Permanent Collections: Buttons | Varyer

The Button is Just an Attempt to Communicate

A brief history and how-to of button collecting from archivist and historian Christen Carter of Busy Beaver Button Co.

A chance encounter with Guided By Voices in swingin’ London in 1995 planted the seed for what would become the world’s largest button collection and Chicago’s busiest button makers.

After being asked to make buttons for GBV, Christen Carter wisely sent postcards to every record label she could think of offering her button-fashioning services and over the last 23 years has seen Busy Beaver Button Co. flourish, designing over 85,000 buttons for museums, breweries, nonprofits (including 50 different pins a year for Planned Parenthood), and individuals alike.

The goal is to tell as much of the history of the country as possible through pinback buttons.

Buttons were an American invention, and have a special magic in their power to tell American history. At the heart of BBBC’s mission is a passion for the history of buttons and collecting. Christen first fell into the world of collecting with her fascination with punk buttons. She went on to spend five years working on Button Power: 125 Years of Saying It with Buttons with professional collector Ted Hake, founder of Hake's Auctions, America's first auction house to specialize in popular culture artifacts. The book distills 1,500 of their most fascinating from their total collection of over 20,000 buttons. “The goal is to tell as much of the history of the country as possible through pinback buttons,” Carter said of the project.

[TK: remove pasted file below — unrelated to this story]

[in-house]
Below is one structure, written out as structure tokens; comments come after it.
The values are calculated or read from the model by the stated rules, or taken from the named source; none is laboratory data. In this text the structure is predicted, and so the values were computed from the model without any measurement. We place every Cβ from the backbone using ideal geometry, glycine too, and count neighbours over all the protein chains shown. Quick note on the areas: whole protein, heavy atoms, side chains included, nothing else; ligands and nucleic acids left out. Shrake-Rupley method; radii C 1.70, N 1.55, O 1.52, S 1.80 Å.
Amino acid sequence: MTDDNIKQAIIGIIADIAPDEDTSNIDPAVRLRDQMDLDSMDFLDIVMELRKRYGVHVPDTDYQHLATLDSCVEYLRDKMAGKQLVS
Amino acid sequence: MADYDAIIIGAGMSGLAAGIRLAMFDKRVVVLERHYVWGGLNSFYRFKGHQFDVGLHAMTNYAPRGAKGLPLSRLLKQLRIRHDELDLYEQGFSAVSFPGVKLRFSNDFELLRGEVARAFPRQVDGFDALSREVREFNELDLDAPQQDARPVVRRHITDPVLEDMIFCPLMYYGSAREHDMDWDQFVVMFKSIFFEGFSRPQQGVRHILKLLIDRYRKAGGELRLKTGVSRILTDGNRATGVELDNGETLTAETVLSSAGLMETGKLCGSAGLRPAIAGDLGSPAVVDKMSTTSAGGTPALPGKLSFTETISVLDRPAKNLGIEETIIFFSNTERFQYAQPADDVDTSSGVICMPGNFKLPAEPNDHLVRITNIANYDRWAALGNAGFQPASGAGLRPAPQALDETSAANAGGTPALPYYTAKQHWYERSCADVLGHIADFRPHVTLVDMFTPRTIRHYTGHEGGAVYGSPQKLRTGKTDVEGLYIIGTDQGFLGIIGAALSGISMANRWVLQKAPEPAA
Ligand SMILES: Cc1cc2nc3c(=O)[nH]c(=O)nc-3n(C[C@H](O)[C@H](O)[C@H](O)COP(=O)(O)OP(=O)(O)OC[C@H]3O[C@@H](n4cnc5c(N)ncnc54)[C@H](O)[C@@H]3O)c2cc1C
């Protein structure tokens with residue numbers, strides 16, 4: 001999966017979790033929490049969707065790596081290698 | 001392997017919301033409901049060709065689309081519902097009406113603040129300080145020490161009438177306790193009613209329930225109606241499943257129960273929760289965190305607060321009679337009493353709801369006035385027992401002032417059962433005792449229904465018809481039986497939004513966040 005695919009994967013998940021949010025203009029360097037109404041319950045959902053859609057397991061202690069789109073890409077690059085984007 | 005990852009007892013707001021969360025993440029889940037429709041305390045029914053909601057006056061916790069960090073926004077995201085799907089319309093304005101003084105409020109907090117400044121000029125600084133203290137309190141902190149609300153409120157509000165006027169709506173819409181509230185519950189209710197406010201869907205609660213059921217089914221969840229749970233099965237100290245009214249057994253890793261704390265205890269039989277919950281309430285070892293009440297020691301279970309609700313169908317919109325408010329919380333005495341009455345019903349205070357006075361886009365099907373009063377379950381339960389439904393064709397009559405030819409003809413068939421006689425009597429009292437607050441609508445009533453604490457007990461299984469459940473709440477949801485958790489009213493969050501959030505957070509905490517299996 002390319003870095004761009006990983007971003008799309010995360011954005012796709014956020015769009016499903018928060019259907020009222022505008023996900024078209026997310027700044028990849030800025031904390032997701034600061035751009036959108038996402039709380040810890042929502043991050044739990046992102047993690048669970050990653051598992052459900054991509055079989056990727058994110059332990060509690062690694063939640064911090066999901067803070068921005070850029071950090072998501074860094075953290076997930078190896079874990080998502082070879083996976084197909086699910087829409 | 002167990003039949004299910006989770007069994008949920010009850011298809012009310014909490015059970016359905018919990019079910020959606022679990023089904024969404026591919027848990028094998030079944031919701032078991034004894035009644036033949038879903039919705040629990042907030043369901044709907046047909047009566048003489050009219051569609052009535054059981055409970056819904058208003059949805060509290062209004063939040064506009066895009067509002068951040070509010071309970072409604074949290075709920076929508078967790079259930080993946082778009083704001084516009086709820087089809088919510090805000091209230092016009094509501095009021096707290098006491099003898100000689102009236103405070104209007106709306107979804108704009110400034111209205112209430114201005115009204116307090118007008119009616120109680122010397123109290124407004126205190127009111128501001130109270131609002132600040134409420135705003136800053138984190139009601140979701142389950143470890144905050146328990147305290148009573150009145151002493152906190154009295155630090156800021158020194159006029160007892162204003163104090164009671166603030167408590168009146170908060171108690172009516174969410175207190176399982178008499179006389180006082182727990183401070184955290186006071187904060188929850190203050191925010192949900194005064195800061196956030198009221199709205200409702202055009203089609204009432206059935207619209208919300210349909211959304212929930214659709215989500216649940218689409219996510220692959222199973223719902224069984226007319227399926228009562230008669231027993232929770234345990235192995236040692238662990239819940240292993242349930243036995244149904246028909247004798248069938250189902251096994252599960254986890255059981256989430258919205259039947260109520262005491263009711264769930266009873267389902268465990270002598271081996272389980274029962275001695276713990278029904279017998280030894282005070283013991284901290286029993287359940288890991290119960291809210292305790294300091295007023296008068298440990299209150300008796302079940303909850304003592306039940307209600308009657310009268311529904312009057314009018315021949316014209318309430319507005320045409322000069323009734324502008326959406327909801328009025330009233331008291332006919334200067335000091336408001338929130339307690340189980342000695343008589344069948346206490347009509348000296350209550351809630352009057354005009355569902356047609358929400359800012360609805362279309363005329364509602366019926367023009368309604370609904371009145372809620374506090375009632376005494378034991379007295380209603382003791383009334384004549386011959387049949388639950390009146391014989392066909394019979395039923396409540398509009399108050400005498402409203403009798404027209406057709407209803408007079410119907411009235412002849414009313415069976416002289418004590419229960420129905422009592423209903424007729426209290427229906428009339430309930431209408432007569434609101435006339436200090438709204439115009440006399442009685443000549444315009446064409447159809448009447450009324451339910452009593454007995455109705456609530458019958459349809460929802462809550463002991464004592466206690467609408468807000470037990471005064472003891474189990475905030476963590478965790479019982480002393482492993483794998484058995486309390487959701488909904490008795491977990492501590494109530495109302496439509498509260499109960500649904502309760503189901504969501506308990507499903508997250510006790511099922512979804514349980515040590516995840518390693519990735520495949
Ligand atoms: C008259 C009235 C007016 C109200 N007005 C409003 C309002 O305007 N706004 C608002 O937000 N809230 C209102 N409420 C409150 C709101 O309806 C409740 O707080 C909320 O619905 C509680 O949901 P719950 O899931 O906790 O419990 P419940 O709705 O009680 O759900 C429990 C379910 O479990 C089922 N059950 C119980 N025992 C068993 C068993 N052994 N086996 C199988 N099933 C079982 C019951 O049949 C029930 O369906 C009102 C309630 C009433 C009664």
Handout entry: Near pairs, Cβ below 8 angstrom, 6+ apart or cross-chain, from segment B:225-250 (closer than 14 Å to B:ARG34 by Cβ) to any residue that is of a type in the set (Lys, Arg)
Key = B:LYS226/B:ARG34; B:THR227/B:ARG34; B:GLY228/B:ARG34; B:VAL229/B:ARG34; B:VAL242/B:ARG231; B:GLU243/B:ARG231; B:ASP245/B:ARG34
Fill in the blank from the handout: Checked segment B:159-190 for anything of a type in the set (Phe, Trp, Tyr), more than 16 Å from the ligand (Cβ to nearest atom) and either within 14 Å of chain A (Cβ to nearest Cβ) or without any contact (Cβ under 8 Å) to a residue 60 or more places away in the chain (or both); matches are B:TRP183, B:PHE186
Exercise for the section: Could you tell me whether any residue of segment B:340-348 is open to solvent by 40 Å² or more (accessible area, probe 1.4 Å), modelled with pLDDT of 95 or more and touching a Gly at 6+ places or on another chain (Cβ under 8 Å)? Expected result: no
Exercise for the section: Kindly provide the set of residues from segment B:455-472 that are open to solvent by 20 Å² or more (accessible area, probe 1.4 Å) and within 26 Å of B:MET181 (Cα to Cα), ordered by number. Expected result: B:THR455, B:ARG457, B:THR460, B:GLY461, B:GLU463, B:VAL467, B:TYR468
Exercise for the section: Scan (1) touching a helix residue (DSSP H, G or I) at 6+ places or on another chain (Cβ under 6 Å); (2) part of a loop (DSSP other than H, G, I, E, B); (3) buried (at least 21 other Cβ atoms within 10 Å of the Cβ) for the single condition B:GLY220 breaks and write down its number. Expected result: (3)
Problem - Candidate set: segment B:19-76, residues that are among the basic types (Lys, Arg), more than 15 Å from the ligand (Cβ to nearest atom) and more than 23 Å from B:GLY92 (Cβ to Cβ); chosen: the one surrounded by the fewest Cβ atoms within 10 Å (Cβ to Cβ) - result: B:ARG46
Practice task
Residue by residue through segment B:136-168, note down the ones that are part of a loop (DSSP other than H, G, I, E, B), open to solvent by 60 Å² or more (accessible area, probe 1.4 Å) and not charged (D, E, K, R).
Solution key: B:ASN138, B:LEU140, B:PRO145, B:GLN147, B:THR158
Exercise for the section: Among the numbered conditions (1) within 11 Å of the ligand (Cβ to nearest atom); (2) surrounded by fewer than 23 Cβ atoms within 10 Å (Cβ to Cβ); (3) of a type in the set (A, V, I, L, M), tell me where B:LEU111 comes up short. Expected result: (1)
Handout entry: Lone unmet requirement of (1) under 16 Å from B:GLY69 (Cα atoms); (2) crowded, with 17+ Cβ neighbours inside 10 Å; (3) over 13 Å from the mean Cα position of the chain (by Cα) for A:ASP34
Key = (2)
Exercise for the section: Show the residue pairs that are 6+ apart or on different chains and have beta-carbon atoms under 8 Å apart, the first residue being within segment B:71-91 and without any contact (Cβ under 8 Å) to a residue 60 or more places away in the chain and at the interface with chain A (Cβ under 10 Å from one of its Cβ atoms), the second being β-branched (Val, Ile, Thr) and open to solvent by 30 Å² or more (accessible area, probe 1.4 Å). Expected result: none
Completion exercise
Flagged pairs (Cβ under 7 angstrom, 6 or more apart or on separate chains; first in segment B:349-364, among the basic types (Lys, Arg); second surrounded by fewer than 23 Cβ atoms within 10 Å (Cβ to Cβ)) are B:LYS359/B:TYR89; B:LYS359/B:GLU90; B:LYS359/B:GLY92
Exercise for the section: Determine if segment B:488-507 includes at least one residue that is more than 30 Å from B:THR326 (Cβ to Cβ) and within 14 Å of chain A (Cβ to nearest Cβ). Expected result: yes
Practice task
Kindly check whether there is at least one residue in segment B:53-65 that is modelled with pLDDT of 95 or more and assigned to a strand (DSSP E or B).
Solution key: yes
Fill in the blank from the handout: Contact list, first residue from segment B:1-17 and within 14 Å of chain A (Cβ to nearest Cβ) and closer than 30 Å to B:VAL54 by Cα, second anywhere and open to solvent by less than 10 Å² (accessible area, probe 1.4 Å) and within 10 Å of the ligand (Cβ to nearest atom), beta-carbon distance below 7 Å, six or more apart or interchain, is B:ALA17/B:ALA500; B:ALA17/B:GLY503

BBBC is certainly a successful business, but more than that they have made themselves an integral participant in their community. Busy Beaver offers events at their Logan Square location to bring people together and learn how to make their own buttons. Part of their mission includes creating and donating buttons to local progressive political campaigns, and their distinguished button museum, located in their Chicago headquarters is open to the public.

Feeling inspired to start your own button collection? Here are Christen’s hot tips for success—

  • Hone in on a theme (a character, a cause, political pins from the year you were born, etc.)
  • The best places to source pins are Ebay, Etsy, Estate Sales, or getting into the American Political Item Collectors (APIC) group on Facebook for collectors nights and online auctions.
  • Make sure to archive your collection! This is history on a pin, and feel free to share your collection with the folks at BBBC.
  • If you want to make your own buttons, Busy Beaver sells button-making kits so you can design custom buttons for future collectors